Believe it or not, trucks and urban buildings have a lot in common: both are designed to stand the test of time, containing surfaces and features to create purpose and capability, and both have evolved to meet the demands of a changing world. To highlight parallel design trends between the iconic buildings and the powerful, utilitarian Ford F-Series trucks used to help build them, Ford and the American Institute of Architects New York recently hosted a private gathering and panel discussion titled, “Design with a Purpose: Built Tough”.
Initially introduced in 1948, Ford F-Series trucks have steadily progressed over the years to deliver more of pretty much everything: technology, utility, and capacity. The F-Series trucks now use new materials such as high-strength steel to enhance durability and have added new features such as improved braking systems and productivity screens that display fuel economy and towing information to improve the user experience while getting work done.
Similarly, advancements in architecture research and technology have resulted in new designs that improve living and working conditions.
Just as F-Series trucks have become associated with endurance, power, and strength, so have some New York buildings become symbols of the city. Among other things, these buildings (as well as Ford trucks) convey authority while blending into the environment to which they belong.
Not surprisingly, users of both trucks and urban buildings expect functionality, safety, and long-term durability of the items, both of which are designed to last. Take, for instance, New York’s Empire State Building. The landmark has towered over the city for 82 years while being recognized as the tallest skyscraper in the world for 41 years. Similarly, there are more full-size Ford pickup trucks on the road with at least 250,000 miles — more than any other automaker, according to Ford. In addition, F-Series has been the best-selling vehicle in America for 36 years.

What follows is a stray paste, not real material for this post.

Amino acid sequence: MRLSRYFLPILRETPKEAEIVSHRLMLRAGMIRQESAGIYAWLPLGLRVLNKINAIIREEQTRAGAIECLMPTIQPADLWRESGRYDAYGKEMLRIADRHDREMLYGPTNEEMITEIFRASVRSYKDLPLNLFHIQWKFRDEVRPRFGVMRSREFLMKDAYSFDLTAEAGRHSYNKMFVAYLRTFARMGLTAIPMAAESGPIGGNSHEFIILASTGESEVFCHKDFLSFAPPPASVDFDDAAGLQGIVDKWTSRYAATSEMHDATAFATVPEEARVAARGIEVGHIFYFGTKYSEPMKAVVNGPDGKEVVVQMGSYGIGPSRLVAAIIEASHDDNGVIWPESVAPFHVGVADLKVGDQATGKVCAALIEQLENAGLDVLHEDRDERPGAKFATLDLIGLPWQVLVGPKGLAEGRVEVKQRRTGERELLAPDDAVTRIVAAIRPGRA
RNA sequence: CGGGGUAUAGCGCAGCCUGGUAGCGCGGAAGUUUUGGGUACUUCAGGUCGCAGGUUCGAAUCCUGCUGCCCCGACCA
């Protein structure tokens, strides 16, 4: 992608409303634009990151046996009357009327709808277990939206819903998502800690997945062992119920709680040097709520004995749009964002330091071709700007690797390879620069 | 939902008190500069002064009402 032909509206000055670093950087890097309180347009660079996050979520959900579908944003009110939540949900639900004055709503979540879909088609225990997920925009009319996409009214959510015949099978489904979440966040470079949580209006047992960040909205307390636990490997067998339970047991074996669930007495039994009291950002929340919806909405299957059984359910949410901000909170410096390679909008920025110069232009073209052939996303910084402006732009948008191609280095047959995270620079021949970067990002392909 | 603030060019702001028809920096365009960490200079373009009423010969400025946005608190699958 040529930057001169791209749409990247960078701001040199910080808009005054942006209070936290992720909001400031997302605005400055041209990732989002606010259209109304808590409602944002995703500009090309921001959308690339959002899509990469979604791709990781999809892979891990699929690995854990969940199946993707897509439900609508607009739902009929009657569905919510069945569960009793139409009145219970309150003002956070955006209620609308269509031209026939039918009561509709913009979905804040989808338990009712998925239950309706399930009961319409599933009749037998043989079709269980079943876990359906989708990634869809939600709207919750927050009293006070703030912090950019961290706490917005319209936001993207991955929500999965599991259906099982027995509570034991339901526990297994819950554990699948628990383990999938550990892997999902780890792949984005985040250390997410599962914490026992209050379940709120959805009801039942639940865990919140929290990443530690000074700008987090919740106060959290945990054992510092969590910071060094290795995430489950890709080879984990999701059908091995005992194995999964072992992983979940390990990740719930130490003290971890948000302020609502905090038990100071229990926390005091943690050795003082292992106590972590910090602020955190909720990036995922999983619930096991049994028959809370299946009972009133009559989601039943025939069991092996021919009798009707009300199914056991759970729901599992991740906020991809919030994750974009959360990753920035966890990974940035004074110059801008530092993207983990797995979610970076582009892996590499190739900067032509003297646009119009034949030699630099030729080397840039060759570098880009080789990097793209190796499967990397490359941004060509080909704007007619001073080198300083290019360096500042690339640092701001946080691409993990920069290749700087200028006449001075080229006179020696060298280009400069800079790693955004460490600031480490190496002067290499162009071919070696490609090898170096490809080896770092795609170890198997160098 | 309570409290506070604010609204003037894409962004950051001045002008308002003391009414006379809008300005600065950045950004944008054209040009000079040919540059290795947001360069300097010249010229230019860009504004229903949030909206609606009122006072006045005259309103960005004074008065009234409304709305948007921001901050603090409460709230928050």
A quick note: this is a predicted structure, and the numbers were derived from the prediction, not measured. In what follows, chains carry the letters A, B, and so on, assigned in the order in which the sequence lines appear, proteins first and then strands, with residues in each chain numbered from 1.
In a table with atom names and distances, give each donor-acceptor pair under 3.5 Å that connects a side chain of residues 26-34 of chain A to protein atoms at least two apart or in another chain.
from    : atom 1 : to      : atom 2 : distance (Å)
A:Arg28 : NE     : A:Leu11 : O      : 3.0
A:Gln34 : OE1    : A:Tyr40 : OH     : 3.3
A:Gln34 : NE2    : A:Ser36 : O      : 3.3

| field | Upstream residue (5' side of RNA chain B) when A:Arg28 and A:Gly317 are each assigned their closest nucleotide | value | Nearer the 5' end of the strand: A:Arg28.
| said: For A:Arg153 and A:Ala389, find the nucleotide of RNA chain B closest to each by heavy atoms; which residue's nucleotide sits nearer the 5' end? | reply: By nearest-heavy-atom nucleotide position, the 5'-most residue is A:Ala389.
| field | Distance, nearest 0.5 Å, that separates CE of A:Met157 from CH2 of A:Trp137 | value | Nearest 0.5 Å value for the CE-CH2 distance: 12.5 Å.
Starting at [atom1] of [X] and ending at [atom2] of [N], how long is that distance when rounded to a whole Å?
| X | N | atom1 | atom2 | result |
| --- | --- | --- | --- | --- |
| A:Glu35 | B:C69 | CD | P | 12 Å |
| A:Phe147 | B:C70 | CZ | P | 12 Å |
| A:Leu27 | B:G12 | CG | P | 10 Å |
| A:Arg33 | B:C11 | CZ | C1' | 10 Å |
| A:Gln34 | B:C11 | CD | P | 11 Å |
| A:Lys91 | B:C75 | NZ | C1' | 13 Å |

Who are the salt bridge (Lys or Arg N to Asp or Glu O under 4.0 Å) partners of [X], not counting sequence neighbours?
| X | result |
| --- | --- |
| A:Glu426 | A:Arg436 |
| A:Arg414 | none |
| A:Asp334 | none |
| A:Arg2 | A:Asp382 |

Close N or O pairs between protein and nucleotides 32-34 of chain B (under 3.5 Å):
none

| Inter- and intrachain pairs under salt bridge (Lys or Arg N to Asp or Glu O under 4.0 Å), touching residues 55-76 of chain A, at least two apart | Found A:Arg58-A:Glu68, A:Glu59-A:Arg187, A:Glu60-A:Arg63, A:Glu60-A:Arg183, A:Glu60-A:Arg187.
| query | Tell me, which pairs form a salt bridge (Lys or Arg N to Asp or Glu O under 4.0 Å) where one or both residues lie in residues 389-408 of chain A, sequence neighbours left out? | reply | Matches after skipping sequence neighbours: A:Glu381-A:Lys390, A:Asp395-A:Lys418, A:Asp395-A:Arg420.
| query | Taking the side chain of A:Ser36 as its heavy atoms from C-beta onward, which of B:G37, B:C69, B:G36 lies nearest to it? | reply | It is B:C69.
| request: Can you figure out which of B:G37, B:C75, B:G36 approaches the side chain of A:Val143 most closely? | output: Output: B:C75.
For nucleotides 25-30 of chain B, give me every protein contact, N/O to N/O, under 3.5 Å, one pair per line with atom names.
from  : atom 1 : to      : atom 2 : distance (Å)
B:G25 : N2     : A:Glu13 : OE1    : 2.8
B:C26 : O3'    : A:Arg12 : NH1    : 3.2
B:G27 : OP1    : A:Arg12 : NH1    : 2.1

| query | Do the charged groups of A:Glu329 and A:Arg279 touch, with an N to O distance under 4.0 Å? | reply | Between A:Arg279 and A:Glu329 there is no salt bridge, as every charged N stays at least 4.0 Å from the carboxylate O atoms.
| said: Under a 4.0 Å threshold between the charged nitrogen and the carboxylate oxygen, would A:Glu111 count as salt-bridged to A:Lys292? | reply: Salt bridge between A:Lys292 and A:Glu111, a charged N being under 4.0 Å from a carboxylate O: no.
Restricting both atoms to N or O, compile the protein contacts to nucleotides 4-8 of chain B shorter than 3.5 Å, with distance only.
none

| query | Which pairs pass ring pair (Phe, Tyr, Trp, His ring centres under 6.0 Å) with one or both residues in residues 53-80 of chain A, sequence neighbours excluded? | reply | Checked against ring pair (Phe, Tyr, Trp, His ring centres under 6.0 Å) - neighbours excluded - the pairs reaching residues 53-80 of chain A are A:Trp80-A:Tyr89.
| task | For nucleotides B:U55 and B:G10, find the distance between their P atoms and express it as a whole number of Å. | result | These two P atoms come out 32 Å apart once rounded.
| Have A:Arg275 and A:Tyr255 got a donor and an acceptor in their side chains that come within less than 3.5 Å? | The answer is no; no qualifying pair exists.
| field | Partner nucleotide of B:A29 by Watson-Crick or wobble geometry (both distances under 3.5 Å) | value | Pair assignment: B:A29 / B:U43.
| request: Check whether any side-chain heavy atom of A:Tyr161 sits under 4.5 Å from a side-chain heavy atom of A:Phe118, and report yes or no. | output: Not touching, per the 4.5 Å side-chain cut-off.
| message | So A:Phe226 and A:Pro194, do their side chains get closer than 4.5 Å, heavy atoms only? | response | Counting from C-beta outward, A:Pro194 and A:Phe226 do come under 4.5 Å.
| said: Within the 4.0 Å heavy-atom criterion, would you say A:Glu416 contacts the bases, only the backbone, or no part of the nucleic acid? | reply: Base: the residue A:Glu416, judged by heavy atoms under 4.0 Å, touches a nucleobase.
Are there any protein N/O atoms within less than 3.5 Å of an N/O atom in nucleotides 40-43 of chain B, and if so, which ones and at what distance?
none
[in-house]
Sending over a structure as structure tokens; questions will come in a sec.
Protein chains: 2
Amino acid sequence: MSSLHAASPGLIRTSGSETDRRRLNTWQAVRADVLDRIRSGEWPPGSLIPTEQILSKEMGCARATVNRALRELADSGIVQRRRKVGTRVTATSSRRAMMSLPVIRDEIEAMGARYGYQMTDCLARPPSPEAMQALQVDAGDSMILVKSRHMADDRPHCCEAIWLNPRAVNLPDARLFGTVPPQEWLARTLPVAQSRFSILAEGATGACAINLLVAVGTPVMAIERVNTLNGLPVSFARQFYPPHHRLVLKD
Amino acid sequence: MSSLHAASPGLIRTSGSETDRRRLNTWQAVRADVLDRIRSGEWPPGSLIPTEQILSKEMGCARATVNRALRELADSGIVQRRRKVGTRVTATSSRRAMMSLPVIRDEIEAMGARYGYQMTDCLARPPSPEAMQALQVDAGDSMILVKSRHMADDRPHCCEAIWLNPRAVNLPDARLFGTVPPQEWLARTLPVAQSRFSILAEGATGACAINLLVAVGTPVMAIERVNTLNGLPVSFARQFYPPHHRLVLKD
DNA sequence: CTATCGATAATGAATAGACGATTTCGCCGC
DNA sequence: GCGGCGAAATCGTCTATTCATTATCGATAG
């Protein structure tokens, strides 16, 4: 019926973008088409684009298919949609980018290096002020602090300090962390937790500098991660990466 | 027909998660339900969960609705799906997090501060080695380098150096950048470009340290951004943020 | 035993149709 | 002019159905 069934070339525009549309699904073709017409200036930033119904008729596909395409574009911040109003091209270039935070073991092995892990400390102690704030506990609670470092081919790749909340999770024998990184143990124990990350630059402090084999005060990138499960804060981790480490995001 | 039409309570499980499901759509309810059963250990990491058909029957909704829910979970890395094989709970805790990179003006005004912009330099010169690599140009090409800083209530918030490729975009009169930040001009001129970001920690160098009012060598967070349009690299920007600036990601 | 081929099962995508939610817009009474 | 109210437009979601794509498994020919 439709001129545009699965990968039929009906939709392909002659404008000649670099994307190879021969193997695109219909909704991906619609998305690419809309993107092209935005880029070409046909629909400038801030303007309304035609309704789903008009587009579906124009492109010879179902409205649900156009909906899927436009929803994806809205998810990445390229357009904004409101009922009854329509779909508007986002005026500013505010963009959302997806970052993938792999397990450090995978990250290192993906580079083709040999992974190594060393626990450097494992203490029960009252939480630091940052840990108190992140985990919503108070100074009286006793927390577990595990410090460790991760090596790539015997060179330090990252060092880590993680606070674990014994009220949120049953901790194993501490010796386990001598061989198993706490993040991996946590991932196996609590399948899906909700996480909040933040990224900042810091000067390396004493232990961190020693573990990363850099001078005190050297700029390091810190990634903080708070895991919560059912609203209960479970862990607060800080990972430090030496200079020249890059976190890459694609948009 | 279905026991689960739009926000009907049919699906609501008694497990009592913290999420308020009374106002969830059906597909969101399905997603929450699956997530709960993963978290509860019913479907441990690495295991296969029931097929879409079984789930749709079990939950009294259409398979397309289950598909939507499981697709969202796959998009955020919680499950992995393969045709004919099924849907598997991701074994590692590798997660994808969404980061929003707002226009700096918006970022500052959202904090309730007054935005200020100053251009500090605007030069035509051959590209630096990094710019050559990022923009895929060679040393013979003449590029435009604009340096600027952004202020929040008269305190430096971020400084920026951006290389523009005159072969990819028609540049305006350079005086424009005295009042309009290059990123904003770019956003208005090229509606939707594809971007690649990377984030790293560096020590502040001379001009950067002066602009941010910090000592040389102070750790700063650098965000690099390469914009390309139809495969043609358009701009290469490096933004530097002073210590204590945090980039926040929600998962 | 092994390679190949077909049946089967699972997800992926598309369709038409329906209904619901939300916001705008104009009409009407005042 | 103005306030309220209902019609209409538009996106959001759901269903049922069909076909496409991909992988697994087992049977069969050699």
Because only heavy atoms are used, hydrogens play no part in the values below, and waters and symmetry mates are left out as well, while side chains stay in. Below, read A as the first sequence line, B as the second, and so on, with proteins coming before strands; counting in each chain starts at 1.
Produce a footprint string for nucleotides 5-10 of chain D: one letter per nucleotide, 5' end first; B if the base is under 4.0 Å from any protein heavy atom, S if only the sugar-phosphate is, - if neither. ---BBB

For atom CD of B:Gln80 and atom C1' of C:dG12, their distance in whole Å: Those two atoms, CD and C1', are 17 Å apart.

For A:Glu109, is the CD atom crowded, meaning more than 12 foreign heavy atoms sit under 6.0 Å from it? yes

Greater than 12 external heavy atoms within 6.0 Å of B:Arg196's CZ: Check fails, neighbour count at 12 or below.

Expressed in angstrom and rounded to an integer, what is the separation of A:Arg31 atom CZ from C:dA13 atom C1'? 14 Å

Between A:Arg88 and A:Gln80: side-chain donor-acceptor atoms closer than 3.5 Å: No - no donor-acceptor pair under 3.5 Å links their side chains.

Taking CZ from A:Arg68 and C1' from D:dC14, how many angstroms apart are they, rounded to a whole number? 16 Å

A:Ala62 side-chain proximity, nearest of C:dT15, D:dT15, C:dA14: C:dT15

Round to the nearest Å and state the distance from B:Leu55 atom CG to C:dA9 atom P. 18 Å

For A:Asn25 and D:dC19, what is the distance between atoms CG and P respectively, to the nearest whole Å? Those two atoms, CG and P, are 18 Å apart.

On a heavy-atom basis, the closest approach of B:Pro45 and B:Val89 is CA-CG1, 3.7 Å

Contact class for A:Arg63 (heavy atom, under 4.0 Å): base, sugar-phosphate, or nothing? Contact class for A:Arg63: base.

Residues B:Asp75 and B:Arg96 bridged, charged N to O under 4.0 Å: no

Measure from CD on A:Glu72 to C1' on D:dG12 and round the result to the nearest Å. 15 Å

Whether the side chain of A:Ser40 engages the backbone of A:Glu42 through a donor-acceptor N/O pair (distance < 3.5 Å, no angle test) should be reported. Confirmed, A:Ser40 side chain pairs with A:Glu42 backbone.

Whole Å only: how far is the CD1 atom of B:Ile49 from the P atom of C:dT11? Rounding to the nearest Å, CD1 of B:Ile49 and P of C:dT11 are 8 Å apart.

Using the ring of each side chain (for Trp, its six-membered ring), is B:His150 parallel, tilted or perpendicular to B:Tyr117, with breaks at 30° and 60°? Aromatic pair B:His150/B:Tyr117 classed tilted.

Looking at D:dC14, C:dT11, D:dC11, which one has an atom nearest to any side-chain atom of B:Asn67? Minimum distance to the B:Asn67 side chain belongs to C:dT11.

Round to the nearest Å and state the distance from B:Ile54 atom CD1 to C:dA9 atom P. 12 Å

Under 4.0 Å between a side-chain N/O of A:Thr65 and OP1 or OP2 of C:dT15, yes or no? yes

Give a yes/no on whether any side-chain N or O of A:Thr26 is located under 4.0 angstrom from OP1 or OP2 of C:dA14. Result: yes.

Coincidentally, New York architects and Ford truck designers face similar challenges in creating something that meets the expectations of users and observers. But the relationship between trucks and buildings is, interestingly, deeper than simply answering the needs for durability, functionality, and reliability: both trucks as well as buildings herald economic improvement, with a recovery in home construction translating to strong growth in truck sales as business picks up and contractors invest in their primary work tool. According to Ford, 55% of vehicles used on heavy construction jobs are Ford F-Series Super Duty trucks.
“With trucks, every surface and feature must be crafted for utility while retaining an unmistakable Built Ford Tough look,” said J Mays, Ford group vice president and chief creative officer. “Trucks are similar to architecture, in that a building must clearly convey its use. Once inside the building, its layout needs to be practical, with intuitive features to assist the person occupying it. A truck operates the same way, with intelligent design that can complement the lifestyle of the person driving it.”
Co-hosted by Ford and the American Institute of Architects New York, the panel included the following participants:
- Rick Bell, FAIA, executive director, AIANY
- Erik Churchill, project manager, SHoP Construction
- Steven Colletta, vice president, Sciame Construction Company
- J Mays, group vice president and chief creative officer, design, Ford Motor Company
The full conversation, which explores some thought-provoking topics, can be seen in the video below (you may need to skip a few minutes ahead in the video for it to start):